Hans van der Slikke, MD, PhD:  “In the last two years we now have very important new drugs and we know a lot more about the role of LH in ovulation and yet today we had a session about ovulation induction where this was one of the items that was stressed.” 

Professor Marco Filicori:  “I think that new drugs and also new ways of giving the currently available drugs are a two tiers approach.  I think that will be applied and it will be very interesting to see the results once these techniques and new drugs are applied on a wide scale.” 

Hans van der Slikke, MD, PhD:  “Can you look ahead a little bit to about 2004 about topics that could be important at that time?” 

Professor Marco Filicori:  “No, we haven’t started yet.  We try to stay abreast so we usually plan on the scientific program about a year and a half before the meeting is actually held so that we can incorporate advances that have come up as close as possible to the meeting.  Of course you cannot do that because you want to have the program available with a certain advance notice but clearly for invited speakers we want to have the best speakers available.  Part of the success of this meeting and maybe one of the key reasons for the success is that we always insist upon having the best scientists who publish the best research in a specific field.  I think this is appreciated because people realize that they really can get very useful and high quality scientific information at this meeting.”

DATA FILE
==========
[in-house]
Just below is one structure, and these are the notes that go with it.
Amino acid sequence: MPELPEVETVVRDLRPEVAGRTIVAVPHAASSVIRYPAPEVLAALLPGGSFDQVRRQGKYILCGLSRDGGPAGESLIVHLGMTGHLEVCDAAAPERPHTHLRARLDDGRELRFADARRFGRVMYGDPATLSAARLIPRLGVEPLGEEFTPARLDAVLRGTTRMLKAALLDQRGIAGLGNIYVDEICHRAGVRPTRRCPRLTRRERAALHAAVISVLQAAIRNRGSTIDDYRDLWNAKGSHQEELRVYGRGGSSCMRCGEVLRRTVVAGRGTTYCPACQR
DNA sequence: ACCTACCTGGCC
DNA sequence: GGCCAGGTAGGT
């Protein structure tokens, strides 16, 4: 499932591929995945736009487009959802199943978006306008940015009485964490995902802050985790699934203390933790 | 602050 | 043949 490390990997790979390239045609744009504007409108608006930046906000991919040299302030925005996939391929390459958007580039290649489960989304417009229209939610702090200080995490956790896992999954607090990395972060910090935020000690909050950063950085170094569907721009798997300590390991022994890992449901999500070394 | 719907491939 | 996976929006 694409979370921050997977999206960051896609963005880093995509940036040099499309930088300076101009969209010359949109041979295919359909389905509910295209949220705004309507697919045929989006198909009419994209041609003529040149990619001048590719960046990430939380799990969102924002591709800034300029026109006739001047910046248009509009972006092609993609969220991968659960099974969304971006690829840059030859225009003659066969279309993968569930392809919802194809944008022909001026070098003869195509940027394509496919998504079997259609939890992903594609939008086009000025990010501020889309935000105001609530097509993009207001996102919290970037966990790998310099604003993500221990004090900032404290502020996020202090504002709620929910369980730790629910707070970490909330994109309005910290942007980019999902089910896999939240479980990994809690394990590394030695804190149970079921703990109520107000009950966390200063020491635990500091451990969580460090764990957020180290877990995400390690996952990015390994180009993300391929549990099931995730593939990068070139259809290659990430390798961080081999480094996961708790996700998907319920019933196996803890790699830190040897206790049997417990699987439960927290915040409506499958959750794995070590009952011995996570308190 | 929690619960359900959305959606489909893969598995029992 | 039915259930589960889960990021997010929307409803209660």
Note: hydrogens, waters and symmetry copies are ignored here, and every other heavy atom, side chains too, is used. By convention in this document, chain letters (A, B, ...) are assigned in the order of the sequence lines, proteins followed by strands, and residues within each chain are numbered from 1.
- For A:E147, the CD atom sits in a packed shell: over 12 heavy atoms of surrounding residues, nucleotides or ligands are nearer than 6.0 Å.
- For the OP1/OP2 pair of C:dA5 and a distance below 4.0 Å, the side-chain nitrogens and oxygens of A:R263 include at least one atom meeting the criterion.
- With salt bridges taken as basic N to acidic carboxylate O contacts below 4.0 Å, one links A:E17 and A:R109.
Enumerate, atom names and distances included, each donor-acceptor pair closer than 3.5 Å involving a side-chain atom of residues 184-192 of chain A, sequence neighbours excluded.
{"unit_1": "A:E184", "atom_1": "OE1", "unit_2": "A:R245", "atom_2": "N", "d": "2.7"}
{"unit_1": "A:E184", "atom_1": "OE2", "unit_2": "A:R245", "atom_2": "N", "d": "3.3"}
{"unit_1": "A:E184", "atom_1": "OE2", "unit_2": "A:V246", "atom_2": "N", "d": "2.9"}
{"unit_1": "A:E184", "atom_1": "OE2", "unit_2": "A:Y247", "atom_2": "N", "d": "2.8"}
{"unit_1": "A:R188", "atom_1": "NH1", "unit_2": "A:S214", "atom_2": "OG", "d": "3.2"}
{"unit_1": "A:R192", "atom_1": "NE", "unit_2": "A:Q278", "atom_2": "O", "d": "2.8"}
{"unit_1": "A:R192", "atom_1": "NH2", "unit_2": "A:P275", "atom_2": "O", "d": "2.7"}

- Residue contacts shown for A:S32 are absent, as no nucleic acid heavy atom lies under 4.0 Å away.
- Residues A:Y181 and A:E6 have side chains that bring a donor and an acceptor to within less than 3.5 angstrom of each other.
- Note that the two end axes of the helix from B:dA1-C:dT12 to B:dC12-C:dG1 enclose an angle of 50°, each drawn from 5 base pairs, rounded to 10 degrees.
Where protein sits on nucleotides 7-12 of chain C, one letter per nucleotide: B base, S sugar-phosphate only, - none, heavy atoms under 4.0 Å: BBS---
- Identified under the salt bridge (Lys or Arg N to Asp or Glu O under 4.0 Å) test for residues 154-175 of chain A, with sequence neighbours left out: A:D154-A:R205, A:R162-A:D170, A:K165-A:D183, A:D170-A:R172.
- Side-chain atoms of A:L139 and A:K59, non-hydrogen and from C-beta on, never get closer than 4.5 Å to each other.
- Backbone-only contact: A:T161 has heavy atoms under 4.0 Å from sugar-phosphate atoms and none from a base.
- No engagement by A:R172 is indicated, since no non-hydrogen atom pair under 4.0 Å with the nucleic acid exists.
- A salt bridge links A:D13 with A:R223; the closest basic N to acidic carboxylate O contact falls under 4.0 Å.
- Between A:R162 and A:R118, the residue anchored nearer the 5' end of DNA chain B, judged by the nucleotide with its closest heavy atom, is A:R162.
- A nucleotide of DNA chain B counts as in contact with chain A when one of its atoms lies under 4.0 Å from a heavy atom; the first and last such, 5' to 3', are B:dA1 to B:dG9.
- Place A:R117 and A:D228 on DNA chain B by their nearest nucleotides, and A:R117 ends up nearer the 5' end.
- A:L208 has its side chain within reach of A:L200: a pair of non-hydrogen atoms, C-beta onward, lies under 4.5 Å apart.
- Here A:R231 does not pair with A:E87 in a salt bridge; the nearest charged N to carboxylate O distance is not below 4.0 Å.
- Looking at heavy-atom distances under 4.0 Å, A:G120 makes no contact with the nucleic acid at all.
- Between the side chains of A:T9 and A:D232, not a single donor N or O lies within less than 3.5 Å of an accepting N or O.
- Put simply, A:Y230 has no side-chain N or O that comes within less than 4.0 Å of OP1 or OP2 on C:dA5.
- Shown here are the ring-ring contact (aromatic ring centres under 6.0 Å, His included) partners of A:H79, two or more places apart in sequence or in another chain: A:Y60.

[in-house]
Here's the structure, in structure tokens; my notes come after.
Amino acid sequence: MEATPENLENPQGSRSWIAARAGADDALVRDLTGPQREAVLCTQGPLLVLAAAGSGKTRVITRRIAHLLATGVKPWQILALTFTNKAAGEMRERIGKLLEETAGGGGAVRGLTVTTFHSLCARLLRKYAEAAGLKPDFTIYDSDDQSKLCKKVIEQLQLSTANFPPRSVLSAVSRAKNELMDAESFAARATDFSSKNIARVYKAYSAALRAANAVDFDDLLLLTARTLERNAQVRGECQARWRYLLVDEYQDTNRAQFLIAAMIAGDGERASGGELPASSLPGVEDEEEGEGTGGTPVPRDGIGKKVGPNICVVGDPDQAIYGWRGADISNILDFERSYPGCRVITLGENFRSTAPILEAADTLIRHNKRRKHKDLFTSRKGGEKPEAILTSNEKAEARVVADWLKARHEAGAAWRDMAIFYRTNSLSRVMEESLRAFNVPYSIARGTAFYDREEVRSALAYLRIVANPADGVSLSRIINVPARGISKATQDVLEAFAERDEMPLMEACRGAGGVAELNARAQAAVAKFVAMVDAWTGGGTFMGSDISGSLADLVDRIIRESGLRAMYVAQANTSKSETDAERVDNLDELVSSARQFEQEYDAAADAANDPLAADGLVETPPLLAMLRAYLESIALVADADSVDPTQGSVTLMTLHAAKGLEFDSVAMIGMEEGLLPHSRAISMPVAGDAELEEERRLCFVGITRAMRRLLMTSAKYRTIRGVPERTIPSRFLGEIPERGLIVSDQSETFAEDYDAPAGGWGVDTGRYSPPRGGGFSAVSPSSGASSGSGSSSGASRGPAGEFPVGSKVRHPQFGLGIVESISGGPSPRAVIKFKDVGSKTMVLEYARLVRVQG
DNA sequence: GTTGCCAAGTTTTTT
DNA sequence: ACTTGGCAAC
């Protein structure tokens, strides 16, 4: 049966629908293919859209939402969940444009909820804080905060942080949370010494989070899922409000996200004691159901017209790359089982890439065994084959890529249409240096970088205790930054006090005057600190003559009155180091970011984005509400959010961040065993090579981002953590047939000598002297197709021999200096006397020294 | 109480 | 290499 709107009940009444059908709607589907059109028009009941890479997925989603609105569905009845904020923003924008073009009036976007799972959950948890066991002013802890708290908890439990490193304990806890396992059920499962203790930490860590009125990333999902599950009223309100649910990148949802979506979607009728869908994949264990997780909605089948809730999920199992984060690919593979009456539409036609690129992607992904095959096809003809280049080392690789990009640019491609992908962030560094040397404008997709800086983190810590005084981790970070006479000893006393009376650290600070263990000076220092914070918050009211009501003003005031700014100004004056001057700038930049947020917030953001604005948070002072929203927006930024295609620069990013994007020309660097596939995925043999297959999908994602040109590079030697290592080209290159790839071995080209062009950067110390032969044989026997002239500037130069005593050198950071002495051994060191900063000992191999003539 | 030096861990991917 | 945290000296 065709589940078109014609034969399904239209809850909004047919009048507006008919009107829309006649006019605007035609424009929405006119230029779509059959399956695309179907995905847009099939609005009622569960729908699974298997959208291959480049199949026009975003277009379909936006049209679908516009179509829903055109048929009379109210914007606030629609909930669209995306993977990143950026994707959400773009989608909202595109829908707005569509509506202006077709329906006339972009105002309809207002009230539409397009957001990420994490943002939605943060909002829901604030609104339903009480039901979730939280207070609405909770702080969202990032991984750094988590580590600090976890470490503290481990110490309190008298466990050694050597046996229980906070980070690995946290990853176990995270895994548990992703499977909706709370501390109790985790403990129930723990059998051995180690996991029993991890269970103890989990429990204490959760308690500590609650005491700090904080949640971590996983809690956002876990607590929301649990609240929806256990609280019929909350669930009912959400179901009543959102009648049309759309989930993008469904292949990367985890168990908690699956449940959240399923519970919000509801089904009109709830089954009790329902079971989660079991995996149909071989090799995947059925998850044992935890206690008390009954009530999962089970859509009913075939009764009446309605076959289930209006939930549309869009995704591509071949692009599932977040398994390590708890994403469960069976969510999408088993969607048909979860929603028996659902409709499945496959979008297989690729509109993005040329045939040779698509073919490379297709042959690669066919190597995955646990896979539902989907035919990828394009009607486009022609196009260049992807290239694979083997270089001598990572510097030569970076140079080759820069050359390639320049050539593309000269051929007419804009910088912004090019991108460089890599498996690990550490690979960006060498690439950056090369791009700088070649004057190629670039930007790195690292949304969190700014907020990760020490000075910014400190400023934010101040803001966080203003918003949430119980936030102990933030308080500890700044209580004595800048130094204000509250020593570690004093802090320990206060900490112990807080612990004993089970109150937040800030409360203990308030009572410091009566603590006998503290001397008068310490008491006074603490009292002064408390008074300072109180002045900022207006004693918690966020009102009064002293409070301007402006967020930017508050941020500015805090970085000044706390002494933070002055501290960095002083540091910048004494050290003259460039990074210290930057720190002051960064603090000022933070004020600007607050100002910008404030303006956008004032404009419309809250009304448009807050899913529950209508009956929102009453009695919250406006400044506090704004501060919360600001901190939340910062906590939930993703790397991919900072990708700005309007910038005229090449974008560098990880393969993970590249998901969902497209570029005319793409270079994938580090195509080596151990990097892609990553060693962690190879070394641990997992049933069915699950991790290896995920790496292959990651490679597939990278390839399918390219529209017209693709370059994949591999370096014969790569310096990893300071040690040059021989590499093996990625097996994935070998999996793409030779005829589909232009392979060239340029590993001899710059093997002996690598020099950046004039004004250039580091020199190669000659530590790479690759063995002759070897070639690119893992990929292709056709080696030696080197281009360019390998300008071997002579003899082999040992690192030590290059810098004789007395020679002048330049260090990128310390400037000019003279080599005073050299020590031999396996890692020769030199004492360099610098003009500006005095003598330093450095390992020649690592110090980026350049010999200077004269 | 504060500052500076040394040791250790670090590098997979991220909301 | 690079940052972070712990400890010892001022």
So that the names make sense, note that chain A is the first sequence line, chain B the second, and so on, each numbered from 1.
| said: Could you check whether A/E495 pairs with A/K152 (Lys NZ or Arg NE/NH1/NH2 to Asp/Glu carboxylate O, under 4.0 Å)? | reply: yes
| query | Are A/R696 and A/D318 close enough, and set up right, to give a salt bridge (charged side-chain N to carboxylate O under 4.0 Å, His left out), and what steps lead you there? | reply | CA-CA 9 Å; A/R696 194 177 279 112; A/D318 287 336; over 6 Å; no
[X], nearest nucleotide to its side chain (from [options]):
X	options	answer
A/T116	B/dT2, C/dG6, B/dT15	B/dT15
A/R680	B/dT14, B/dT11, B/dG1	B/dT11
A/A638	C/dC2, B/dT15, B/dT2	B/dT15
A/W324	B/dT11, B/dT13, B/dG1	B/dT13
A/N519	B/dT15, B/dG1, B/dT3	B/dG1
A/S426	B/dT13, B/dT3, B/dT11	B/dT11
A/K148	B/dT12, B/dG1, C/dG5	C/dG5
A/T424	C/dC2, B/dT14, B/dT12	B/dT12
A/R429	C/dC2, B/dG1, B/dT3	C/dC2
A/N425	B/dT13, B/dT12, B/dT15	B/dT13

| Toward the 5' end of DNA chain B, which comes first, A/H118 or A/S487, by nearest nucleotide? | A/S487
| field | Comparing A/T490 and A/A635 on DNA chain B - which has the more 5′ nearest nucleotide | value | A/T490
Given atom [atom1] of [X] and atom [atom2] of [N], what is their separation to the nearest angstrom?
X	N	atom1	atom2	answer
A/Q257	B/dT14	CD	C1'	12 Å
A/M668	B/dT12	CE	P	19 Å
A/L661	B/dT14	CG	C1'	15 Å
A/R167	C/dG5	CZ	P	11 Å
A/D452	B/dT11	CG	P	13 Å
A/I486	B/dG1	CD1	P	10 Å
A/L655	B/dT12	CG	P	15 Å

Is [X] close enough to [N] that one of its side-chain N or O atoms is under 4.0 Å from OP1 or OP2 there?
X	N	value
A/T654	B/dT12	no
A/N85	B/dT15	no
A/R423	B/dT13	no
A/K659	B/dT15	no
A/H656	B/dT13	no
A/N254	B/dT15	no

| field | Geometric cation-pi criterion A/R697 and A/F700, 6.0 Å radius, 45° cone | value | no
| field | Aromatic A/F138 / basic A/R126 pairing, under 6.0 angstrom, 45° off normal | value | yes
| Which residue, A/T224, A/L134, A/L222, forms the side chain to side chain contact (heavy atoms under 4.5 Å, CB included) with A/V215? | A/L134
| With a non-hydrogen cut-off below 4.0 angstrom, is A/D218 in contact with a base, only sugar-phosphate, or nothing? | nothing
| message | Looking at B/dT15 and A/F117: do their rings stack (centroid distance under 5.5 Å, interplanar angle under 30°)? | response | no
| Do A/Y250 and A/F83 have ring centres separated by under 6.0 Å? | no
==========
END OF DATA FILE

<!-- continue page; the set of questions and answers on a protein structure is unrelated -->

Hans van der Slikke, MD, PhD:  “Thank you very much for this interview, it was very exciting.” 

Professor Marco Filicori:  “Thank you.”